Veterans Affairs and National DefenceCommittees of the HouseRoutine Proceedings

3:10 p.m.

Liberal

The Speaker Liberal Peter Milliken

Does the hon. chief government whip have the unanimous consent of the House to propose this motion?

Veterans Affairs and National DefenceCommittees of the HouseRoutine Proceedings

3:10 p.m.

Some hon. members

Agreed.

Veterans Affairs and National DefenceCommittees of the HouseRoutine Proceedings

3:10 p.m.

Liberal

The Speaker Liberal Peter Milliken

Is it the pleasure of the House to adopt the motion?

Veterans Affairs and National DefenceCommittees of the HouseRoutine Proceedings

3:10 p.m.

Some hon. members

Agreed.

Veterans Affairs and National DefenceCommittees of the HouseRoutine Proceedings

3:10 p.m.

Liberal

The Speaker Liberal Peter Milliken

(Motion agreed to)

Veterans Affairs and National DefenceCommittees of the HouseRoutine Proceedings

3:10 p.m.

Conservative

Peter Van Loan Conservative York—Simcoe, ON

Mr. Speaker, I rise on a point of order. I would like to invite the House to exercise one of the extraordinary powers that applies only to this workplace, that is, to see the clock as 5:30 p.m.

Veterans Affairs and National DefenceCommittees of the HouseRoutine Proceedings

3:10 p.m.

Liberal

The Speaker Liberal Peter Milliken

Is that agreed?

Veterans Affairs and National DefenceCommittees of the HouseRoutine Proceedings

3:10 p.m.

Some hon. members

Agreed.

Veterans Affairs and National DefenceCommittees of the HouseRoutine Proceedings

3:10 p.m.

Liberal

The Speaker Liberal Peter Milliken

It being 5:30 p.m., the House will now proceed to the consideration of private members' business.

Unborn Victims of Crime ActPrivate Members' Business

December 13th, 2007 / 3:10 p.m.

Conservative

Ken Epp Conservative Edmonton—Sherwood Park, AB

moved that Bill C-484, An Act to amend the Criminal Code (injuring or causing the death of an unborn child while committing an offence), be read the second time and referred to a committee.

Mr. Speaker, I have been waiting for this moment for over 14 years. Those members who have been in the House frequently have heard me say, during private members' business, that I have never been drawn. That was true until now, just as I am about ready to leave the place.

I am very honoured to have this extraordinary privilege of bringing forward a very important piece of legislation. It is especially important because it will be the last piece of legislation debated here in this fall term.

I want to begin by putting forward some background. I have to do this on a very personal and somewhat emotional basis because what we are dealing with here is crime. We are dealing with vicious criminal attacks against pregnant women and we are dealing specifically with addressing the issue of grief for the families who are left behind. Grief is always extremely sad.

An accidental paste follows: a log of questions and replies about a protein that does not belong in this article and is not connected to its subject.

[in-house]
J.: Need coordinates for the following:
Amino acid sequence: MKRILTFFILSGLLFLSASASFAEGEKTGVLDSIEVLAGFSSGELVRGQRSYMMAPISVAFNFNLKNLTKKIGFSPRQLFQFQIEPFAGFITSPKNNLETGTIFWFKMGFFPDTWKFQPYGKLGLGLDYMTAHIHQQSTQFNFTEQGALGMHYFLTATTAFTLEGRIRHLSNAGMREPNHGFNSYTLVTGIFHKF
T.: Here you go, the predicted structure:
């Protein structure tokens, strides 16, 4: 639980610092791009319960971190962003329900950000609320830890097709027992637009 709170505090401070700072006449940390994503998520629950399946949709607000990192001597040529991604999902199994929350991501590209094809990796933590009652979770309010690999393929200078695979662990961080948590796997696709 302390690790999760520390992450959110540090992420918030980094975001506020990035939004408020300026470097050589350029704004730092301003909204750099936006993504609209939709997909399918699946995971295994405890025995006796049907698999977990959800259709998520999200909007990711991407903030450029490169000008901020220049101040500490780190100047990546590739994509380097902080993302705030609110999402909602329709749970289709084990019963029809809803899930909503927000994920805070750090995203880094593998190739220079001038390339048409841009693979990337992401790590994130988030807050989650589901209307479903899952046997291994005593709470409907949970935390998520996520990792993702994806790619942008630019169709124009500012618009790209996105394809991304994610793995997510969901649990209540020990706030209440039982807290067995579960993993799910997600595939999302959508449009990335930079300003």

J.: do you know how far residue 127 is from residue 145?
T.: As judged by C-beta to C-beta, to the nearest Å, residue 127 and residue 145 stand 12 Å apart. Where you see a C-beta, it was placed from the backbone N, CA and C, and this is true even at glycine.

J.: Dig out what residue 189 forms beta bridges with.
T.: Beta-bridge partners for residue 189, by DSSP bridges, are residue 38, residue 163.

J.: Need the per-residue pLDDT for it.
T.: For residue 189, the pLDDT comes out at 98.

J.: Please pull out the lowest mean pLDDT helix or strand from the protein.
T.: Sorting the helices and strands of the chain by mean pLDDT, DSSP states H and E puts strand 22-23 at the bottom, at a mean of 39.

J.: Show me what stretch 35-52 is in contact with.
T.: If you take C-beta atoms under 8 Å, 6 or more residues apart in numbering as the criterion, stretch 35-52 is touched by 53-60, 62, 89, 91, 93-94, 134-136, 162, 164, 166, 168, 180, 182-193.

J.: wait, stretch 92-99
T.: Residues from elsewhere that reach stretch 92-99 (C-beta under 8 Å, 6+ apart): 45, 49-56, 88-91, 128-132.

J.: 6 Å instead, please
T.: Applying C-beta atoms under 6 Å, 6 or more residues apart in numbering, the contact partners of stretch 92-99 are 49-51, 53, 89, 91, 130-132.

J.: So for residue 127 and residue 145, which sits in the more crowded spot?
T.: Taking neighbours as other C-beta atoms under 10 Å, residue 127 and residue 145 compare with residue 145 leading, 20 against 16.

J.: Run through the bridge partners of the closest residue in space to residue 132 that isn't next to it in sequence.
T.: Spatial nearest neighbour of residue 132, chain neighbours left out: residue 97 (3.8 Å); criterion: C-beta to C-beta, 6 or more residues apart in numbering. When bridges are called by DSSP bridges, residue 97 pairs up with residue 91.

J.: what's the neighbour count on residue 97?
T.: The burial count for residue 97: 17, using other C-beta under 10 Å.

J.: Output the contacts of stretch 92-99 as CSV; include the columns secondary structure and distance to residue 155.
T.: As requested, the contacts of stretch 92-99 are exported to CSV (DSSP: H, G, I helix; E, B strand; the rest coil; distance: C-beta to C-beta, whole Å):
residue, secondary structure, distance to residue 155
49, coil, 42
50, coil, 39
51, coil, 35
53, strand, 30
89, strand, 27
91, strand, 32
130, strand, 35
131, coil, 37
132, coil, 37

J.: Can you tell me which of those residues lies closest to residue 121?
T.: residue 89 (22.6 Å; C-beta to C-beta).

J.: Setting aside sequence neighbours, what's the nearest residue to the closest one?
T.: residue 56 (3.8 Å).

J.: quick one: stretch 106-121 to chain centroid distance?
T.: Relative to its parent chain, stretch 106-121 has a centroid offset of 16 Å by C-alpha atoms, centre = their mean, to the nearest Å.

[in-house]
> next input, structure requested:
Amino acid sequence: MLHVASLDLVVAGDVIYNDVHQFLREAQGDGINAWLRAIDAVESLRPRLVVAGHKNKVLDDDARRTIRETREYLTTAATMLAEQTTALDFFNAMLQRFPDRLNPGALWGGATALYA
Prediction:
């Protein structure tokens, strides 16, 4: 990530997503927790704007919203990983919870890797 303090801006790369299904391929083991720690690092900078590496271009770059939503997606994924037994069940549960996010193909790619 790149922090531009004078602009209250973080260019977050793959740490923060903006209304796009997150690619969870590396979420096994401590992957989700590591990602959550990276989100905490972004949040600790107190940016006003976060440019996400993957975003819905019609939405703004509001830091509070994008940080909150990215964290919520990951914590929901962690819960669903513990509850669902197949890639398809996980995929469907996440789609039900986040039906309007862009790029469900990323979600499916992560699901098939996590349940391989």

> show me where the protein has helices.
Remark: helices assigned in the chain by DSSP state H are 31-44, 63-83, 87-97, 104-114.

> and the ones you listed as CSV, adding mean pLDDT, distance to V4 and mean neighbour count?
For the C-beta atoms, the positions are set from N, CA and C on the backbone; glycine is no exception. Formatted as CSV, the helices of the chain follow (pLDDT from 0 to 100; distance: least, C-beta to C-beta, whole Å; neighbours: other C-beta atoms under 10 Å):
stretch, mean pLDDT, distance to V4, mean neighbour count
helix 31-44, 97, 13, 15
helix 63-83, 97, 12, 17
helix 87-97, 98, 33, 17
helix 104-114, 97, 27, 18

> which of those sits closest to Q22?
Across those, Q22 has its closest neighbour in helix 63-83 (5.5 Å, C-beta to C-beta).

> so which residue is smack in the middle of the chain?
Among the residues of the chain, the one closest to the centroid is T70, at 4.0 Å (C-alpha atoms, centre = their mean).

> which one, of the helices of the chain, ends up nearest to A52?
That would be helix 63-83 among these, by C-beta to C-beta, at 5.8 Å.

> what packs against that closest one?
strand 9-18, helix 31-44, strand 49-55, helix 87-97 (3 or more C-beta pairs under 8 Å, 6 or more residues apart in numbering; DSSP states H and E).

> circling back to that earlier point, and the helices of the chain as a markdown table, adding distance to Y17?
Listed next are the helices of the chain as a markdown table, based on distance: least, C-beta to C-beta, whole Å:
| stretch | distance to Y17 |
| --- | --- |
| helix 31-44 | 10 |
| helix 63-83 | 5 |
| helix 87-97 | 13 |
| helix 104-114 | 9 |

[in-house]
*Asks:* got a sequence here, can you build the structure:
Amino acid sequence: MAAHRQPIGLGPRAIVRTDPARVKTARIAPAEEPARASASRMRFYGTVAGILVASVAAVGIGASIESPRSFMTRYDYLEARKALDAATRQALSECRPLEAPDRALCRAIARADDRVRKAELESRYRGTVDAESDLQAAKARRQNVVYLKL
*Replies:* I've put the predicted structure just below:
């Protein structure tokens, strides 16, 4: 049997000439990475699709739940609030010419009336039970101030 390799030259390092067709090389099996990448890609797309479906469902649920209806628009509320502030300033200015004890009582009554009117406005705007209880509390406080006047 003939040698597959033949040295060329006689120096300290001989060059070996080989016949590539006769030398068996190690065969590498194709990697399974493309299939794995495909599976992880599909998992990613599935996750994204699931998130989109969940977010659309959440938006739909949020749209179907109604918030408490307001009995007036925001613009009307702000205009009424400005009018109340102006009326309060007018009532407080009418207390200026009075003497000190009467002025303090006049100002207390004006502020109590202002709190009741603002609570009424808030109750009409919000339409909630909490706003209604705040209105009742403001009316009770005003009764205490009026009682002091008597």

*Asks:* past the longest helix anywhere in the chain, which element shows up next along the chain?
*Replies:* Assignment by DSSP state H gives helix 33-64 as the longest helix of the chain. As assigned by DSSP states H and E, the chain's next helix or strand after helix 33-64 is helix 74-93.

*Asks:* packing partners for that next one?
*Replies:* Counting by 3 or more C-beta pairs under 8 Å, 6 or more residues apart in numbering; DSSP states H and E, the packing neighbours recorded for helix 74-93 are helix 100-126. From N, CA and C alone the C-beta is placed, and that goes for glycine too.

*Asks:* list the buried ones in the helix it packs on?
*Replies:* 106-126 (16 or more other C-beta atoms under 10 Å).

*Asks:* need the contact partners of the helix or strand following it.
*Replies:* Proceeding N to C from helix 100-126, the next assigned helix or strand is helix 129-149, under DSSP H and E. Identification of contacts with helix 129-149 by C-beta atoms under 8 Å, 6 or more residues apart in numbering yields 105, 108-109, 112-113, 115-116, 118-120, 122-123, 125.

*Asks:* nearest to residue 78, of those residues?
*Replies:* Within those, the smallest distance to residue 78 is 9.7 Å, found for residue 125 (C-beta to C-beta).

I remember some five years ago when my father died. He was almost 91 and everybody said that he had a good life. However, I still distinctly remember how sad I was. He had been my dad all my life and now he was gone and it seemed so brief. There was sadness but it was somewhat softened by the fact that indeed he had had a good long life.

Just a couple of months ago, my wife's only brother passed away. The grief was also great there. He was a younger man. He succumbed to cancer but there had been a little warning because his fight with cancer extended about three years. As he was gradually losing this battle, people in the family were being prepared to deal with that grief. When he finally passed away on September 1 of this year, there was both relief, because he was no longer suffering, but also grief.

We also had a very sad event in January of this year when my first niece passed away. The grief there was notched up from the previous two that I mentioned because Sherry died suddenly. She started her life on Friday morning, as normally as we did this morning, but she had an aneurysm and died instantly, totally unexpectedly. She was only 47. She left her loving husband, her children and the rest of the family. There was tremendous grief. I cannot express the sadness that a family goes through when dealing with such a death.

Then there was a very bad accident this past summer in British Columbia on Canada's Highway No. 1. Some distant relatives of ours were travelling along the road and as they were going along a gravel truck came around the corner. He was going too fast for that corner. The pup trailer that he was pulling, which was also full of gravel, lost its position and rolled onto the car an instantly killed a young man in his late twenties.

There is an added notch to the grief there because, like my niece, the death was sudden but there was another element and that is that it was due to the truck driver's carelessness. The family is anguished. Why did the truck driver not pay attention? Why did he not drive properly?

There is the normal grief of the loss of a loved one but now there is also that element of grief that is added because it could have been prevented.

The reason I mention those examples is because this bill is about helping the families of people who have been murdered, and that is a whole compounding of grief yet again. Unlike the accident, where it was somebody's negligence, the truck driver, I do not think, could ever be accused of saying that he was going to go out and kill someone today with his truck. It was an accident. It was a misjudgment. It was not planned.